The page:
In the final days of the legislative session, lawmakers were hustling to reach a compromise on legislation to expand the eligibility of a corporate welfare program. But because they couldn’t stop bickering over which cronies should get the cash, the bill suffered death by deadline—saving taxpayers millions.
A favorite slush fund of lawmakers in both parties, the Major Events Reimbursable Program was created in 2003 to be used as an incentive program handing hundreds of millions of tax dollars to private entities under the guise of economic development.
The plan is pitched as a way to encourage major events, such as the Super Bowl or a NASCAR race, to choose Texas by handing back a portion of the tax dollars the state generates from hosting such an affair.
The problem is that audits and reviews of the program have determined that many of the events rewarded under the program would have come to Texas without the additional subsidy—a problem further evidenced by the fact that lawmakers often push legislation to make past events that have already occurred eligible for subsidy retroactively—and the subsidy awarded to them often outstrips the additional tax dollars generated.
This session, lawmakers filed myriad bills aimed at expanding the program for other pet projects. The most followed were House Bill 4088 and Senate Bill 2182.
Authored by State Rep. John Frullo (R–Lubbock), HB 4088 would have made the Circuit of the Americas in Austin eligible for a $25 million kickback they had previously been ruled ineligible to receive. The bill passed the Texas House but died without a hearing in the Texas Senate.
However, still alive was SB 2182, a bill by State Sen. Jane Nelson (R–Flower Mound) to make the National Hot Rod Association’s Fall Nationals eligible for public subsidy and lower the standards required for public funds.
According to the bill’s analysis, there were “interest” and “concerns” about the event coming to Texas without its organizers getting kickbacks from the state government.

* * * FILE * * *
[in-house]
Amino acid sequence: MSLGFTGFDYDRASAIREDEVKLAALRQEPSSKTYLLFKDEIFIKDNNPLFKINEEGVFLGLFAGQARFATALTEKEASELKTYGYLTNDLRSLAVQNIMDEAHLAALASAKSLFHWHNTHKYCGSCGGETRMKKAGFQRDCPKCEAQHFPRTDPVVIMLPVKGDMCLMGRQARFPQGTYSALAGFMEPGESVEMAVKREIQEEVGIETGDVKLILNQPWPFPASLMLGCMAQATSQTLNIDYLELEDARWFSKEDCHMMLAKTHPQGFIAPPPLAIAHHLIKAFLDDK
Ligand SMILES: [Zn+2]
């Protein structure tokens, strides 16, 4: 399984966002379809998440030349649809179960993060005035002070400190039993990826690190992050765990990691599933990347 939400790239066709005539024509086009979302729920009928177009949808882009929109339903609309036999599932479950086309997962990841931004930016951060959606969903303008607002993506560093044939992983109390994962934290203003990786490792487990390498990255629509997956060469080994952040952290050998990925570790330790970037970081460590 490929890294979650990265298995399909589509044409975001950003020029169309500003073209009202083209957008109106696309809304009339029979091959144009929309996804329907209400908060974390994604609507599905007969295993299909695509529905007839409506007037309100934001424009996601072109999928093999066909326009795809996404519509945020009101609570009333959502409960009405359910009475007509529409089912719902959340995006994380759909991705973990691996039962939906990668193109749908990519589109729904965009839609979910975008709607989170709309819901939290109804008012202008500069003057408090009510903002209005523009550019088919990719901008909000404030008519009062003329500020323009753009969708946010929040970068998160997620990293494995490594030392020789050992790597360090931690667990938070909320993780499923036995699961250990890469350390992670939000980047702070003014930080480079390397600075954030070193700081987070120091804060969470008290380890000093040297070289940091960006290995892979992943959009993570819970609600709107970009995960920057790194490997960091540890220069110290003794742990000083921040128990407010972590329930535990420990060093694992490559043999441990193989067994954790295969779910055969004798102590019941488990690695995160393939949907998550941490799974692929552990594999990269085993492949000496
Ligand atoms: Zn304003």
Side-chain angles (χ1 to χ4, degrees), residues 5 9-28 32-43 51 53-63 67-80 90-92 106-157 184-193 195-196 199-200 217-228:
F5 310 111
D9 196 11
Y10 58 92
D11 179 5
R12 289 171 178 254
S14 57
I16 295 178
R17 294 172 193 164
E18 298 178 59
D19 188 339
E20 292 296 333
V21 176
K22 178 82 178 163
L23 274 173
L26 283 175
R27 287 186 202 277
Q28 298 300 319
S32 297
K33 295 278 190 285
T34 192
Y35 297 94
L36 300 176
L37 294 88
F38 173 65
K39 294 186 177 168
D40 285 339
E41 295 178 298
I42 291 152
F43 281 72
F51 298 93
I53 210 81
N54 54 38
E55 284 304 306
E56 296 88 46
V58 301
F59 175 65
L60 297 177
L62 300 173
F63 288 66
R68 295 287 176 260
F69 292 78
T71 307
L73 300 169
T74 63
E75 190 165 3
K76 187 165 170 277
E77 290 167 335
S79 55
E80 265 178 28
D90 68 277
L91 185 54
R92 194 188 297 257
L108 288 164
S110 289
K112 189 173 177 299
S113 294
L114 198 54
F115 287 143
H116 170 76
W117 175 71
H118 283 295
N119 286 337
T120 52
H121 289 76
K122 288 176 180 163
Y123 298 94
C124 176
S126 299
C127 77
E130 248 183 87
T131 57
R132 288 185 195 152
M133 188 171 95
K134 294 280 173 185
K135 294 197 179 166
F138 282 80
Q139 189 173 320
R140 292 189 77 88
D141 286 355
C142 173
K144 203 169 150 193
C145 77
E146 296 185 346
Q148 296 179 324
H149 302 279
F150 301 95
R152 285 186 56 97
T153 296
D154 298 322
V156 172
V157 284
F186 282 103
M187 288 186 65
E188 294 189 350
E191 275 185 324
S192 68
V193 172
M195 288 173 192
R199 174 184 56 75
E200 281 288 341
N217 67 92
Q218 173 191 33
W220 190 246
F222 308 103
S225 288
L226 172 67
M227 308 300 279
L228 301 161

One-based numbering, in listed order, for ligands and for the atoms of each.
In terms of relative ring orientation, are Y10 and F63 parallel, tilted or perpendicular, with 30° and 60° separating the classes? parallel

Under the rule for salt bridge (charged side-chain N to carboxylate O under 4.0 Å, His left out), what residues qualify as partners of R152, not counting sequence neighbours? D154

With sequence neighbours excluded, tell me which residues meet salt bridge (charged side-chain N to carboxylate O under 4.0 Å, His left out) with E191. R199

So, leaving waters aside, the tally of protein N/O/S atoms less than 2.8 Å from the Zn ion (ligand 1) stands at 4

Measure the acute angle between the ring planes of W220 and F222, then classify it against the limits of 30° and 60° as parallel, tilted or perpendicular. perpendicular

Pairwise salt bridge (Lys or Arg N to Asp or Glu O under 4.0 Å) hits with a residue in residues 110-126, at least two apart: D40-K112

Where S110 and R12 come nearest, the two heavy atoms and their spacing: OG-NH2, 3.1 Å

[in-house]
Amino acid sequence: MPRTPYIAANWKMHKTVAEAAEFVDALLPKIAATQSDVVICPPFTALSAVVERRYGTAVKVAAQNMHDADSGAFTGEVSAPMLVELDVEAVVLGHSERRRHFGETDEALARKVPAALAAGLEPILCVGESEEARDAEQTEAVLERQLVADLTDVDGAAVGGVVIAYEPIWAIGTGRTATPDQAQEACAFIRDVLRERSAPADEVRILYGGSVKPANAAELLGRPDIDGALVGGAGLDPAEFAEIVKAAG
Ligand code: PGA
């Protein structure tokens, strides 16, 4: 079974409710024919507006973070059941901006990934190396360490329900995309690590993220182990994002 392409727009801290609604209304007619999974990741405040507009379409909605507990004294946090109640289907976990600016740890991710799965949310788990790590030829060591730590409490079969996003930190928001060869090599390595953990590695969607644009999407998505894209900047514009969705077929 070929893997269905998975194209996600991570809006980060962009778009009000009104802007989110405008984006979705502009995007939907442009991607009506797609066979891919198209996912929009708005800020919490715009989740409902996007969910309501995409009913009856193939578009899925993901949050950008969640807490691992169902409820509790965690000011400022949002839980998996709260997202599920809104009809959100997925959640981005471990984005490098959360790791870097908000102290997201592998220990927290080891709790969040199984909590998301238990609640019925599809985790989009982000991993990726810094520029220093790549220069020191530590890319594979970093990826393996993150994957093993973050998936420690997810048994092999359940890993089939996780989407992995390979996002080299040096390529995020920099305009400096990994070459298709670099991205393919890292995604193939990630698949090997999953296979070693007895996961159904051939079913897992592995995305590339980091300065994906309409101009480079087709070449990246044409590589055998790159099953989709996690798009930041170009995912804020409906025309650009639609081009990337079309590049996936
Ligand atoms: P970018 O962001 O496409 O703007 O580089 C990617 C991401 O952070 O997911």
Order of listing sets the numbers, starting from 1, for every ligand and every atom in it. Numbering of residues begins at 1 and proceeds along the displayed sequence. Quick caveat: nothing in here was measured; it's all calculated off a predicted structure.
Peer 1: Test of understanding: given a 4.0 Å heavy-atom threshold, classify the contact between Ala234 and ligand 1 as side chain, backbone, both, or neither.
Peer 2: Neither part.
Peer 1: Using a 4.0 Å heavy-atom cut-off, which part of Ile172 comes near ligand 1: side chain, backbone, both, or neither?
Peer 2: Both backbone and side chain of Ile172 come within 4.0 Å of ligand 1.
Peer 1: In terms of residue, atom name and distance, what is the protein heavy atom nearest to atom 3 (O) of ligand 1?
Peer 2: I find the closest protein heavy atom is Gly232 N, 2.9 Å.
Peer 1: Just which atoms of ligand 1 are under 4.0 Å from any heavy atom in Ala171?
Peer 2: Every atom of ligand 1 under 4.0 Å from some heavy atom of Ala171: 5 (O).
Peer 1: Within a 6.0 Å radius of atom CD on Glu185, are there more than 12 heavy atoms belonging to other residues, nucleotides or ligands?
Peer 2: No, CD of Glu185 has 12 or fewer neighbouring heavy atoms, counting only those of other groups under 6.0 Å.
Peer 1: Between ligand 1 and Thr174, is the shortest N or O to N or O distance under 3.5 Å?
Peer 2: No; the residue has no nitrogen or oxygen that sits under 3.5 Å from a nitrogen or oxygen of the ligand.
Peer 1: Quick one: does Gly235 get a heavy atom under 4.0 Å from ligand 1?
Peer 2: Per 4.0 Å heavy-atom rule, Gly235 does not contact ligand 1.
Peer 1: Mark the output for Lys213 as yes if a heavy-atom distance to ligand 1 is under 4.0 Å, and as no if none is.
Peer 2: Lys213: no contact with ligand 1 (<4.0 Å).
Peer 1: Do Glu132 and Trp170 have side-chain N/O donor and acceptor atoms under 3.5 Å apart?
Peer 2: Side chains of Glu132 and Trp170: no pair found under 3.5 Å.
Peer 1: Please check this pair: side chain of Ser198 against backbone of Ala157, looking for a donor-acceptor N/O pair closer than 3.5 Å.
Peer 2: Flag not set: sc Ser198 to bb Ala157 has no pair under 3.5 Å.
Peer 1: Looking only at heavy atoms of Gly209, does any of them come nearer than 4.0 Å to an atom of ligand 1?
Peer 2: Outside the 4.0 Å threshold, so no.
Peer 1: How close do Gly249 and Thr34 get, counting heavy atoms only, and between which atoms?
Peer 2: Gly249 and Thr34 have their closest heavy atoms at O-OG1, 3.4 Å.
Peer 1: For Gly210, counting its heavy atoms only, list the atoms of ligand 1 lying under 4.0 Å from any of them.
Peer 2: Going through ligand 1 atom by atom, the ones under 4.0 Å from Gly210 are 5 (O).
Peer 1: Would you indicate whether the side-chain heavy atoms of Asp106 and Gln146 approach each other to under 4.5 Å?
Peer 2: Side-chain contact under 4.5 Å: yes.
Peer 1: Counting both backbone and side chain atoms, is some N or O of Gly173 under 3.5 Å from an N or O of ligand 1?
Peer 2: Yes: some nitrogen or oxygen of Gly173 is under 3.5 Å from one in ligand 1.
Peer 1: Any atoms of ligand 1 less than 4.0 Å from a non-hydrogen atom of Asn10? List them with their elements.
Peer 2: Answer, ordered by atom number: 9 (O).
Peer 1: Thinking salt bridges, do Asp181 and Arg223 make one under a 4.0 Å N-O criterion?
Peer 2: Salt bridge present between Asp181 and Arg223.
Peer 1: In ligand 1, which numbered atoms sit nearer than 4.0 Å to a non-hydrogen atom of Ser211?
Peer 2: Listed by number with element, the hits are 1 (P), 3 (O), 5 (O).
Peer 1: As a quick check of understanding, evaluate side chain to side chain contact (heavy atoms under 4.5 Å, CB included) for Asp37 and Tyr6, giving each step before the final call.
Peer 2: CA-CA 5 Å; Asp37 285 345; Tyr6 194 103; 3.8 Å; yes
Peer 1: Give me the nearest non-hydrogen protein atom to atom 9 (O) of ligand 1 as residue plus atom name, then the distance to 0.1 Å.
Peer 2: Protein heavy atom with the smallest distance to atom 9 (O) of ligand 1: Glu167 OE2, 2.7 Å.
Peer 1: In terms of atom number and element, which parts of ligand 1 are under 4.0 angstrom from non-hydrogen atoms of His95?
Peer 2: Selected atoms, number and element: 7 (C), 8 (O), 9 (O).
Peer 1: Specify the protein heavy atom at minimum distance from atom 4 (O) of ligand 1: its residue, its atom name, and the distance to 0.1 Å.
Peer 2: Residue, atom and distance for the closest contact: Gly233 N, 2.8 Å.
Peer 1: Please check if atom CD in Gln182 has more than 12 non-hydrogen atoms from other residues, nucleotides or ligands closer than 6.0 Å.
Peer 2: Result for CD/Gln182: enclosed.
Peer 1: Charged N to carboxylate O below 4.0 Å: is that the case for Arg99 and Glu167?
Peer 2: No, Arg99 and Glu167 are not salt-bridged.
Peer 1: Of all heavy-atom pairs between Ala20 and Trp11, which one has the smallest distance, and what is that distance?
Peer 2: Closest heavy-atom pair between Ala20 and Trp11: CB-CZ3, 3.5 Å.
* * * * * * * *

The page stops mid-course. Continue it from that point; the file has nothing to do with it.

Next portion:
“It has been noted that there is interest in including the National Hot Rod Association Fall Nationals among those events eligible for funding through the major events reimbursement program. It has been further noted the Texas Motor Speedway, which is currently eligible for funding through the program, is undergoing renovations that will impact the number of seats at the speedway. Concerns have been raised that such renovations may make the speedway no longer eligible for funding through the program. C.S.S.B. 2182 seeks to address these concerns by setting out provisions relating to the eligibility of the applicable events for funding under the major events reimbursement program.”
The bill passed the Texas Senate in mid-April with only two lawmakers, State Sens. Bryan Hughes (R–Mineola) and Lois Kolkhorst (R–Brenham), registering their opposition to the measure.
The bill then came to the Texas House, where lawmakers determined it was likely the only surviving vehicle for their own corporate welfare schemes and thus substantially amended it on the floor to add their pet projects to the bill.
First, Democrat State Rep. Nicole Collier (Fort Worth) amended the bill to make the “International World Exhibition & Festival Organization” eligible for tax dollars. Republican State Rep. Tan Parker (Flower Mound) would later narrow the scope of this amendment to a festival honoring the life of South African revolutionary Nelson Mandela.
Next, Republican State Rep. John Frullo (Lubbock) added his bill to make Circuit of the Americas retroactively eligible for $25 million in the form of an amendment.
The bill then went back to the Texas Senate where Nelson refused to accept the amendments and requested a conference committee. Though both chambers appointed conferees, the legislators couldn’t hammer out a compromise—likely because each event would compete against the others for the limited dollars in the fund—and the whole bill died.
Taxpayers can take comfort that they aren’t on the hook for even more corporate welfare through the Major Events Reimbursement Program, but they should also realize that it wasn’t the lawmakers’ hesitance to spend more of their money that saved them—it was their greed.